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Discussion Starter #1
My puppy was on Iams large breed puppy when we got her from the breeder at age 6 weeks. We have kept her on this until now, but after doing some research we would like to switch to a higher quality food. We have the book "Labs for dummies" it says that they recommend adult food for lab puppies instead of puppy food. She is 5 months old and weighs 44 pounds. Should we go ahead and make the switch to adult food? We are thinking we will try the Kirkland brand, seems to be well reviewed. She seems to be doing fine on Iams, but we would like to have higher quality food. Thoughts?

Thanks for help!
 

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I don't see why not. We switched Caleb over to adult food at 6 months, and in the process switched him from the Eukanuba his breeder fed to Pro Plan. Just make sure not to switch all at once. Start by mixing the old and new food 50/50 and gradually increase the amount of new food as you decrease the old. ;)
 

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you're going to get a bunch of different answers on this, but yes, most people switch around 5 to 6 months to adult. I do.
 

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I don't know that there is a consensus out there, but I do think that at 5 months you could switch provided it is an adult food that is formulated for all life stages (there is an AAFCO label on the bag that indicates this). I think Kirkland fits this descriptions, but I'm not 100% sure.

Not all adult foods are the same, and some are formulated for maintenance. An adult food that is formulated for maintenance would not be something I'd feed to a 5-month old pup.

As Dani mentioned, you'll get recommendations from different people that say switch after one 40 lb bag of puppy food, wait until 6 months, wait until 12 months, or wait until 18 months. I would consult with the breeder and your vet and make the most informed decision you can.
 

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Nick said
I don't know that there is a consensus out there, but I do think that at 5 months you could switch provided it is an adult food that is formulated for all life stages (there is an AAFCO label on the bag that indicates this). I think Kirkland fits this descriptions, but I'm not 100% sure.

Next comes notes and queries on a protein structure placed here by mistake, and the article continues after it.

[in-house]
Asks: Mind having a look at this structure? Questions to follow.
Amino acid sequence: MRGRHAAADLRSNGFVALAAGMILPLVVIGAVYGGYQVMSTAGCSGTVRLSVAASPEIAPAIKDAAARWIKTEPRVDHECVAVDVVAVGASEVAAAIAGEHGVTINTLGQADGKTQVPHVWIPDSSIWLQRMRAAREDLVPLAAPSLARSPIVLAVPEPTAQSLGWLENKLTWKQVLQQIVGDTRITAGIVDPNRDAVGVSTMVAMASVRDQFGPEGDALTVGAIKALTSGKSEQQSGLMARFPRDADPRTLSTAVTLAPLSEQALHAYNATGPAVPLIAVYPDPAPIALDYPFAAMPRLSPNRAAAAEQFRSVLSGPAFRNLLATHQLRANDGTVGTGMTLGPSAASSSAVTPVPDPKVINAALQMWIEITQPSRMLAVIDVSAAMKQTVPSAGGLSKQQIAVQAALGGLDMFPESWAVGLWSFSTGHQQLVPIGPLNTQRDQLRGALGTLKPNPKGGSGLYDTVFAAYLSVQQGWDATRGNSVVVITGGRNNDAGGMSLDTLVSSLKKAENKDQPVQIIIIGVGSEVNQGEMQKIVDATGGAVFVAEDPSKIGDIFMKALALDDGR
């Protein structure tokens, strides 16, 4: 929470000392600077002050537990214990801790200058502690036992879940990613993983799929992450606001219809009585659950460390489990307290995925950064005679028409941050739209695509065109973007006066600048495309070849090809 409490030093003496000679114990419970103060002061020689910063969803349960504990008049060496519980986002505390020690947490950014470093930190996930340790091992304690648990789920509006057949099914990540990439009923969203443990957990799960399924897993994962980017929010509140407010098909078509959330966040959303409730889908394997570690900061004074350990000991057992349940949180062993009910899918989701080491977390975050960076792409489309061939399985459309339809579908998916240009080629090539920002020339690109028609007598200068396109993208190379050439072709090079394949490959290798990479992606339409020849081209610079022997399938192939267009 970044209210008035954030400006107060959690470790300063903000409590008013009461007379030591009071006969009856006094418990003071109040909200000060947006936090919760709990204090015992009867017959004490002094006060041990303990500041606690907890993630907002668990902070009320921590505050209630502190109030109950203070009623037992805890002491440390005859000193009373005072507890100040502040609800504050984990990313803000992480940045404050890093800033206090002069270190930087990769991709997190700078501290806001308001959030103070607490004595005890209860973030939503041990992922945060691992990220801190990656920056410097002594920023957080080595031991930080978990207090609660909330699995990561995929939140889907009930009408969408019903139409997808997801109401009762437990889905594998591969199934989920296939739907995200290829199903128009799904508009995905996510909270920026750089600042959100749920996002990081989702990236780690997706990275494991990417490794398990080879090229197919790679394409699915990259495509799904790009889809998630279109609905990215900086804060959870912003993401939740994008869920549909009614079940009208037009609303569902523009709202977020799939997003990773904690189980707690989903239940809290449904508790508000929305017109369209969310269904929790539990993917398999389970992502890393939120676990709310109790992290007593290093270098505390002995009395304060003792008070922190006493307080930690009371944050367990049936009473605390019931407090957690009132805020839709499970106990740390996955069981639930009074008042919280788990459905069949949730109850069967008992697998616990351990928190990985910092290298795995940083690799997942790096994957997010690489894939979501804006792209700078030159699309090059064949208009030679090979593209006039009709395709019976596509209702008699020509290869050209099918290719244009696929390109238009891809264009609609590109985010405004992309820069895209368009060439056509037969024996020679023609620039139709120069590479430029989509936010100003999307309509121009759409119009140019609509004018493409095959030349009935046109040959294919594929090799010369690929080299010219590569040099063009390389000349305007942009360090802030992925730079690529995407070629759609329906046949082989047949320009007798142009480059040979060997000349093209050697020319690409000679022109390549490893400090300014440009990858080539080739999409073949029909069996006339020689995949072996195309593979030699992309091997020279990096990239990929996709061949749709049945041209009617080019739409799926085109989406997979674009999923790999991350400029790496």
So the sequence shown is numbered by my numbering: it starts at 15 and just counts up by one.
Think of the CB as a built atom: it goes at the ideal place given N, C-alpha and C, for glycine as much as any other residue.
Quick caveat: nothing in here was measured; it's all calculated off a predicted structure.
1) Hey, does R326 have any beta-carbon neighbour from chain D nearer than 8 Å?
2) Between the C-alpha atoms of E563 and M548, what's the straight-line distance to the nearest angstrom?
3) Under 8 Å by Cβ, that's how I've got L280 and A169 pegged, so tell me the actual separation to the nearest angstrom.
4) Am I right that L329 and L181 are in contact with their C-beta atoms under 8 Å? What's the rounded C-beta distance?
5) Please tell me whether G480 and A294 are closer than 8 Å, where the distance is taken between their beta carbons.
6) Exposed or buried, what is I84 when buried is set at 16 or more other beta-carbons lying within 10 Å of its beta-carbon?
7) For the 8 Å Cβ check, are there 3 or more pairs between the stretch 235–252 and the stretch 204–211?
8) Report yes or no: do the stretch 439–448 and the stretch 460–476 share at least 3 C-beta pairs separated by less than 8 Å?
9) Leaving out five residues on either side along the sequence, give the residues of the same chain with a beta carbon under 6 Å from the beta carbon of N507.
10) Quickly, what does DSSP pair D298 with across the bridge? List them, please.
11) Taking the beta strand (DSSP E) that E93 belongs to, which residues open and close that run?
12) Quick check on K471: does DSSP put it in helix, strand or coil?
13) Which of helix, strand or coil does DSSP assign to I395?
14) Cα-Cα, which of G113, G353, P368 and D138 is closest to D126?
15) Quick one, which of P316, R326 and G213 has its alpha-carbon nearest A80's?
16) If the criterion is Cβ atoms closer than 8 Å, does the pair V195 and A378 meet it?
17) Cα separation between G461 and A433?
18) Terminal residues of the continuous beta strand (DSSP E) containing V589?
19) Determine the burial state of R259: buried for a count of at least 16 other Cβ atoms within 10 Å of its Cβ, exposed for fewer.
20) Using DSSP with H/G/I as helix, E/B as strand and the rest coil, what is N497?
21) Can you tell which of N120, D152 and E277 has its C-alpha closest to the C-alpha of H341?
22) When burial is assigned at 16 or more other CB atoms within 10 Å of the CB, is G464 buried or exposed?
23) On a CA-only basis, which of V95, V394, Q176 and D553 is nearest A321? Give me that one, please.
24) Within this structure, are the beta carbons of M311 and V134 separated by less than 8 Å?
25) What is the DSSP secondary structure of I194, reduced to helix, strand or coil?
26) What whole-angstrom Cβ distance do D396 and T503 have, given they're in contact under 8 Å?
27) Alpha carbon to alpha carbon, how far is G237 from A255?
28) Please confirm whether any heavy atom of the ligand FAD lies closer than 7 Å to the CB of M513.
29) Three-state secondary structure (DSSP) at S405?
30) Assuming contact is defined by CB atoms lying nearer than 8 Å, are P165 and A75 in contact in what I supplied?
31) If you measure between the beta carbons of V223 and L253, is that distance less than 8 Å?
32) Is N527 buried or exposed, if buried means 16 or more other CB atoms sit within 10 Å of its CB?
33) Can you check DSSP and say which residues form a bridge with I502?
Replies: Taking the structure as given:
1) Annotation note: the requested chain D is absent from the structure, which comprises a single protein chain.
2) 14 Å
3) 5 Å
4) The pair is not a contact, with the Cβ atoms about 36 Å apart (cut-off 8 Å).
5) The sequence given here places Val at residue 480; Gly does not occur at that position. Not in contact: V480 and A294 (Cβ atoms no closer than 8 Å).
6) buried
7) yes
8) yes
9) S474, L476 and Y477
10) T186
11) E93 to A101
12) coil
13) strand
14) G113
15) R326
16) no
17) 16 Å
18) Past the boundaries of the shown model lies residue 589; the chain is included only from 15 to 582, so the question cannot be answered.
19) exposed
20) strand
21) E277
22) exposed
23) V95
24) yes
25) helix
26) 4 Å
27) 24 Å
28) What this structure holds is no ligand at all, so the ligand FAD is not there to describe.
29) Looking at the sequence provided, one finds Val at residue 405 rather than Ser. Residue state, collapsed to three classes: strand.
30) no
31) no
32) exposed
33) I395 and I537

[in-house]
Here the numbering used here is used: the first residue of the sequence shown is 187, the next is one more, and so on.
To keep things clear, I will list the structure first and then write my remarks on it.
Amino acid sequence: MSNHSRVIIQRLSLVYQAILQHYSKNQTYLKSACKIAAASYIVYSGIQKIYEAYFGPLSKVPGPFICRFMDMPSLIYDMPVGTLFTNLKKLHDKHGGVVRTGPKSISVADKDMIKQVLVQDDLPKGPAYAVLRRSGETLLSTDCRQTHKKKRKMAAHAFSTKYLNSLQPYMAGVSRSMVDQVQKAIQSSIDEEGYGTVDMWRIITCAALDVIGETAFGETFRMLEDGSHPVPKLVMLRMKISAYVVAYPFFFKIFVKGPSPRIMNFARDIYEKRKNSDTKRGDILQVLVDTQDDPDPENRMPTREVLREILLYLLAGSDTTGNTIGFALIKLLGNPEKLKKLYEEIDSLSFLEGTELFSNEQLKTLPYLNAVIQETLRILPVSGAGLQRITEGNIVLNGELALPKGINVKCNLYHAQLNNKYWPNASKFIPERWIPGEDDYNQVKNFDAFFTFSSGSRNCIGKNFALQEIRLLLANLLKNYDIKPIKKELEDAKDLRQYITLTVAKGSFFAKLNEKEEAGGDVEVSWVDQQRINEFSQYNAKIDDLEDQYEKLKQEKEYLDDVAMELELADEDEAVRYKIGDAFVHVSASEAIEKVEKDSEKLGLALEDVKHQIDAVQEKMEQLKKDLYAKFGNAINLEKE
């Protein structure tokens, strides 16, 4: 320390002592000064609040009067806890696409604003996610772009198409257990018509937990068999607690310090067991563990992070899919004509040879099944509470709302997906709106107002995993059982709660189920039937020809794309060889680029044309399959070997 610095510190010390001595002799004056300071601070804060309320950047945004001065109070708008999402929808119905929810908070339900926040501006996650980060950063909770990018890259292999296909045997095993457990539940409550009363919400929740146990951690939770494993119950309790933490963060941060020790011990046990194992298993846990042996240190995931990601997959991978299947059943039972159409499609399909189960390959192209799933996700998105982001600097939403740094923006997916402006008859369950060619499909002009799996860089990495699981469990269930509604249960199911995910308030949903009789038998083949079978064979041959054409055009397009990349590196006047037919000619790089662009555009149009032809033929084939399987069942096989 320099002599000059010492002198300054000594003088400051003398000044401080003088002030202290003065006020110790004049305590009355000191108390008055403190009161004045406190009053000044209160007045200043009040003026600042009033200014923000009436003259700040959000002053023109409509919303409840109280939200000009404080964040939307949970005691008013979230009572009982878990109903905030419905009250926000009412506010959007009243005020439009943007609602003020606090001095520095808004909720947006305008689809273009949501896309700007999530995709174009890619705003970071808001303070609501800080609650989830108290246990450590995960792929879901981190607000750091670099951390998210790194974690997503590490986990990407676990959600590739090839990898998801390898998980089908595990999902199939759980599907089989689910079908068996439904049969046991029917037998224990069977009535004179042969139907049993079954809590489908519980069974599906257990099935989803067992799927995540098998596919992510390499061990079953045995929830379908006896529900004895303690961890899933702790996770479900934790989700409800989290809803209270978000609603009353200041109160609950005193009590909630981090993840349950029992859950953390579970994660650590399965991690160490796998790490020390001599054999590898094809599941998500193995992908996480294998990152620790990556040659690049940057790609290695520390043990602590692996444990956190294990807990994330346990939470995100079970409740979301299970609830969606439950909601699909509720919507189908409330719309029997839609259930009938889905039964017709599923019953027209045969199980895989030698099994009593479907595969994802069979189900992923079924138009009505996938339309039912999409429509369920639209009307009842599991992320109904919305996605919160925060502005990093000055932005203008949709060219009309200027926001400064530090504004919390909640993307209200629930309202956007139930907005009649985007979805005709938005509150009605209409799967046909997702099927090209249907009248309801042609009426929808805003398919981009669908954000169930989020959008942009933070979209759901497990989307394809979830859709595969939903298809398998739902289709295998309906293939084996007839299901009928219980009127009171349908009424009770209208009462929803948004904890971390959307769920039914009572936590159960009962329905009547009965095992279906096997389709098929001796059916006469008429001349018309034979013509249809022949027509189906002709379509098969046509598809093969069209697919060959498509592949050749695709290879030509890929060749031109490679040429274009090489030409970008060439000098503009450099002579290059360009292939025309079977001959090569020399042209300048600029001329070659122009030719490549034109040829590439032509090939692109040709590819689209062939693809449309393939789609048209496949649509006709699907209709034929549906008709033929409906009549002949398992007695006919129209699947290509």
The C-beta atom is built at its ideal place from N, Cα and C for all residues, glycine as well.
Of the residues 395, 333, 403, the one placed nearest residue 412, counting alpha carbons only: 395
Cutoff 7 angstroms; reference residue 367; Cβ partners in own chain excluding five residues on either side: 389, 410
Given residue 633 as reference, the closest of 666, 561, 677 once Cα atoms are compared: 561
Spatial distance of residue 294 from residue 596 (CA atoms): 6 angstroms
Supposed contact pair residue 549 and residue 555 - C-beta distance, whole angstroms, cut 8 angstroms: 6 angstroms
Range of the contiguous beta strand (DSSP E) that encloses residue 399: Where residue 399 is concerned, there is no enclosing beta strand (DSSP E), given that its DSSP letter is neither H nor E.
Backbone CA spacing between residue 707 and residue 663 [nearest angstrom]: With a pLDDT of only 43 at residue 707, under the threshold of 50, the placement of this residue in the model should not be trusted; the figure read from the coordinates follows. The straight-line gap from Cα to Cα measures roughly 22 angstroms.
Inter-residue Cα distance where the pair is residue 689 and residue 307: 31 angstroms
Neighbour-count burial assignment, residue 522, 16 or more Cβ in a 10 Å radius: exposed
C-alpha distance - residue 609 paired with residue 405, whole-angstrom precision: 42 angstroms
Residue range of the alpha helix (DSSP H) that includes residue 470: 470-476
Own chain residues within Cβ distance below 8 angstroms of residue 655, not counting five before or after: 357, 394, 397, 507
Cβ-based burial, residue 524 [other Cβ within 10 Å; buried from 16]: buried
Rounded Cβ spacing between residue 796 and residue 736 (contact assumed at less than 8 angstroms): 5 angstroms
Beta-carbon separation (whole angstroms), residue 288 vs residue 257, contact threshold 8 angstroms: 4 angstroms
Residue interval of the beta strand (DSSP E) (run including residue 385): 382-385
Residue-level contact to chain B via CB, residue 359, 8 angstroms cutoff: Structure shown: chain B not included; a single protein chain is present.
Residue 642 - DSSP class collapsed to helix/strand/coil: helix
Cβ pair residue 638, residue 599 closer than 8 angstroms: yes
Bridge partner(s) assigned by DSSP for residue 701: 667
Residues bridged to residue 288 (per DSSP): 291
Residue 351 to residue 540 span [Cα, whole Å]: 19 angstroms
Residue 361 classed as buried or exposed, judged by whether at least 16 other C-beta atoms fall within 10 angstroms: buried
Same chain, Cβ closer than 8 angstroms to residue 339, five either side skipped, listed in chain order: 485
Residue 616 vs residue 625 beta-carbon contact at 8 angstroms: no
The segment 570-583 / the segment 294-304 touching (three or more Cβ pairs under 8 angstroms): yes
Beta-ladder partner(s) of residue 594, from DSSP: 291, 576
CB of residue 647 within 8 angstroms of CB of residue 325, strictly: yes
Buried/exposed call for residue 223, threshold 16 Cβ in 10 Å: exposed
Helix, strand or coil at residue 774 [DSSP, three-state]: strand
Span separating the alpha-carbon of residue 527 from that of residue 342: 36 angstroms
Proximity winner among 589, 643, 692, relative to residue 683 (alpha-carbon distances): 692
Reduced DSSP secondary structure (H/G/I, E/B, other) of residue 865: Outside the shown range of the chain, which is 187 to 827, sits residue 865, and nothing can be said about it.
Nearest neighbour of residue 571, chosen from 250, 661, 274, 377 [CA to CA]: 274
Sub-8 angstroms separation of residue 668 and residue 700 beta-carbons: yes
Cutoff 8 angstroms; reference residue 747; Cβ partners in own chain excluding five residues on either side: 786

I feed Kirkland Chicken, Rice & Veggies and it does carry the AAFCO statement that it's been tested and suitable for all life stages. (Kirkland is the signature brand of Costco -- as Kenmore is for Sears -- and is available only from Costco stores. Diamond Naturals is somewhat similar and is more widely available.)

 

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I like to hold of switching as long as possible. I want the growth plates to be dang near done closing before I change. From everything I have learned in reading and seminars that is, in this breed, around 12 months. I normally start a switch here around 10-11 months.
In my last three dogs I have seen a significant growth of an inch AFTER 12 months of age. In two if these cases is was a rapid one inch growth.
So I stay a Large Breed Puppy food as long as possible.
Whether it is coincidence or not my only dog who was fed an adult dog food after her first bag of puppy ran out (breeders recommendation) is the only dog I have here who has had growth, joint issues. She had 2 cases of pano as a pup growing up, she has bad patellas is sickle hocked (which i am certain they along with other factors contributed to her cruciate tear) has had severe arthritis for a few years now in both the surgery knee and the good knee. Are these all food related. Likely not. But I believe it is all connected but of course genetics play a roll.
 

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As has been previously mentioned (& demonstrated in this thread) there's a W-I-D-E variation among Lab owners and breeders as to when to switch from a LB puppy food to adult.